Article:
Rhubarb - Herbal Research
A WHO Organization resource - Full Report
Medicinal uses supported by clinical data
Short-term treatment of occasional constipation (20, 23, 24).
Uses described in folk medicine, not supported by experimental or clinical data
To treat hypotension, increase peripheral vasodilation, and inhibit blood coagulation (8, 20).
As with other stimulant laxatives, products containing Rhizoma Rhei should not be administered to patients with intestinal obstruction and stenosis, atony, severe dehydration states with water and electrolyte depletion, or chronic constipation. Rhizoma Rhei should not be used in patients with inflammatory intestinal diseases, such as appendicitis, Crohn disease, ulcerative colitis, or irritable bowel syndrome, or in children under 10 years of age. Rhizoma Rhei should not be used during pregnancy or lactation except under medical supervision after respective benefits and risks have been considered. As with other stimulant laxatives, Rhizoma Rhei is contraindicated in patients with cramps, colic, haemorrhoids, nephritis, or any undiagnosed abdominal symptoms such as pain, nausea, or vomiting (23, 24).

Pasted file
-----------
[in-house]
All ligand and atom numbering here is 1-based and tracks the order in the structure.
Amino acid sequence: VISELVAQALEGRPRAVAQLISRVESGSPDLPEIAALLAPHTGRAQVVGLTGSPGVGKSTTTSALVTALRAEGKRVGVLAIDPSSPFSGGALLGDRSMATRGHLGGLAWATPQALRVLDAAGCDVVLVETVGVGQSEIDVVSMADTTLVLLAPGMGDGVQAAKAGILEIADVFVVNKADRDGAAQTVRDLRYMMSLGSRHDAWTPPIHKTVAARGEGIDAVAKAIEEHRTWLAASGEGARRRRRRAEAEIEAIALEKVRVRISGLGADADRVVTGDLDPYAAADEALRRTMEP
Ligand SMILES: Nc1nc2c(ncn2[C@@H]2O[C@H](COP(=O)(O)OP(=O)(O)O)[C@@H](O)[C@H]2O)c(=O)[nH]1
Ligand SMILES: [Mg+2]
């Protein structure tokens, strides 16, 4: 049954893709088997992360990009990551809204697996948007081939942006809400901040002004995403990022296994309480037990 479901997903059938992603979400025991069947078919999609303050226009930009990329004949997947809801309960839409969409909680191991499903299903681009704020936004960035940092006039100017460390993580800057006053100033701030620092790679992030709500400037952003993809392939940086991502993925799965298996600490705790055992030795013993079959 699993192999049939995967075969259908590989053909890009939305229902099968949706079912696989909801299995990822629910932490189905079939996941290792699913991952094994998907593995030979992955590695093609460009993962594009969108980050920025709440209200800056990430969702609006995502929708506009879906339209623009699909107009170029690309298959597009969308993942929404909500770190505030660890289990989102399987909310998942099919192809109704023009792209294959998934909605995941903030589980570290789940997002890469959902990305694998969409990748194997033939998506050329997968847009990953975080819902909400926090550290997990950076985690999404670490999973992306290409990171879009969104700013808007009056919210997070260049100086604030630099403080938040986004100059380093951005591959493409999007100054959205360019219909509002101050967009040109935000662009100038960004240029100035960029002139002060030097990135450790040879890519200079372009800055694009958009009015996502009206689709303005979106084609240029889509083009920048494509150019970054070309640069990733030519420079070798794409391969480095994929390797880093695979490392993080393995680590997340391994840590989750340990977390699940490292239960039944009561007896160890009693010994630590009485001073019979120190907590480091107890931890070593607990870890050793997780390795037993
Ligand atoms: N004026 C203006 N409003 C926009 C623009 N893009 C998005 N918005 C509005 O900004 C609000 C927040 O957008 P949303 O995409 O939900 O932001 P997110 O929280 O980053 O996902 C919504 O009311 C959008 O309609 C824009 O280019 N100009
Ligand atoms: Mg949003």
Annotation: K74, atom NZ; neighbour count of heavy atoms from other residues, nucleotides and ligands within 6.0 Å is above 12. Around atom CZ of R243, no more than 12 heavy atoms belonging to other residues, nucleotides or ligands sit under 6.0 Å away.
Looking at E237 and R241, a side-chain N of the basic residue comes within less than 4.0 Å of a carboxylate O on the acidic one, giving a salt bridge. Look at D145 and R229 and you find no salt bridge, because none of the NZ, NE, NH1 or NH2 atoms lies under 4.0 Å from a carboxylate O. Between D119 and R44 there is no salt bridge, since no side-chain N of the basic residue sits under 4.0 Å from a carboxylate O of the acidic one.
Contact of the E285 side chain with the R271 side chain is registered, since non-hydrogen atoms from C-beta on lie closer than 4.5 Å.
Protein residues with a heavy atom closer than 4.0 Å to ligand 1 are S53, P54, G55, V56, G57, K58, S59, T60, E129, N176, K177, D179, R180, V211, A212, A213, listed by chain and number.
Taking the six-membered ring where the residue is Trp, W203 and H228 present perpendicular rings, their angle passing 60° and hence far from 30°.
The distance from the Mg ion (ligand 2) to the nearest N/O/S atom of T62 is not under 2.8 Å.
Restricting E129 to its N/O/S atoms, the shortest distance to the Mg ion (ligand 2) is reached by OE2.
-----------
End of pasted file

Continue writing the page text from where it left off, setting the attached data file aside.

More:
8. Farnsworth NR, ed. NAPRALERT database. Chicago, University of Illinois at Chicago, IL, March 15, 1995 production (an on-line database available directly through the University of Illinois at Chicago or through the Scientific and Technical Network (STN) of Chemical Abstracts Services).
20. Nishioka I. Biological activities and the active components of rhubarb. International journal of Oriental medicine, 1991, 16:193–212.
21. Bradley PR, ed. British herbal compendium, Vol. 1. Bournemouth, British Herbal Medicine Association, 1992.
22. German Commission E monograph, Rhei radix. Bundesanzeiger, 1993, 133:21 July.
23. Reynolds JEF, ed. Martindale, the extra pharmacopoeia, 30th ed. London, Pharmaceutical Press, 1993:903.
24. Bisset NG. Max Wichtl's herbal drugs & phytopharmaceuticals. Boca Raton, FL, CRC Press, 1994.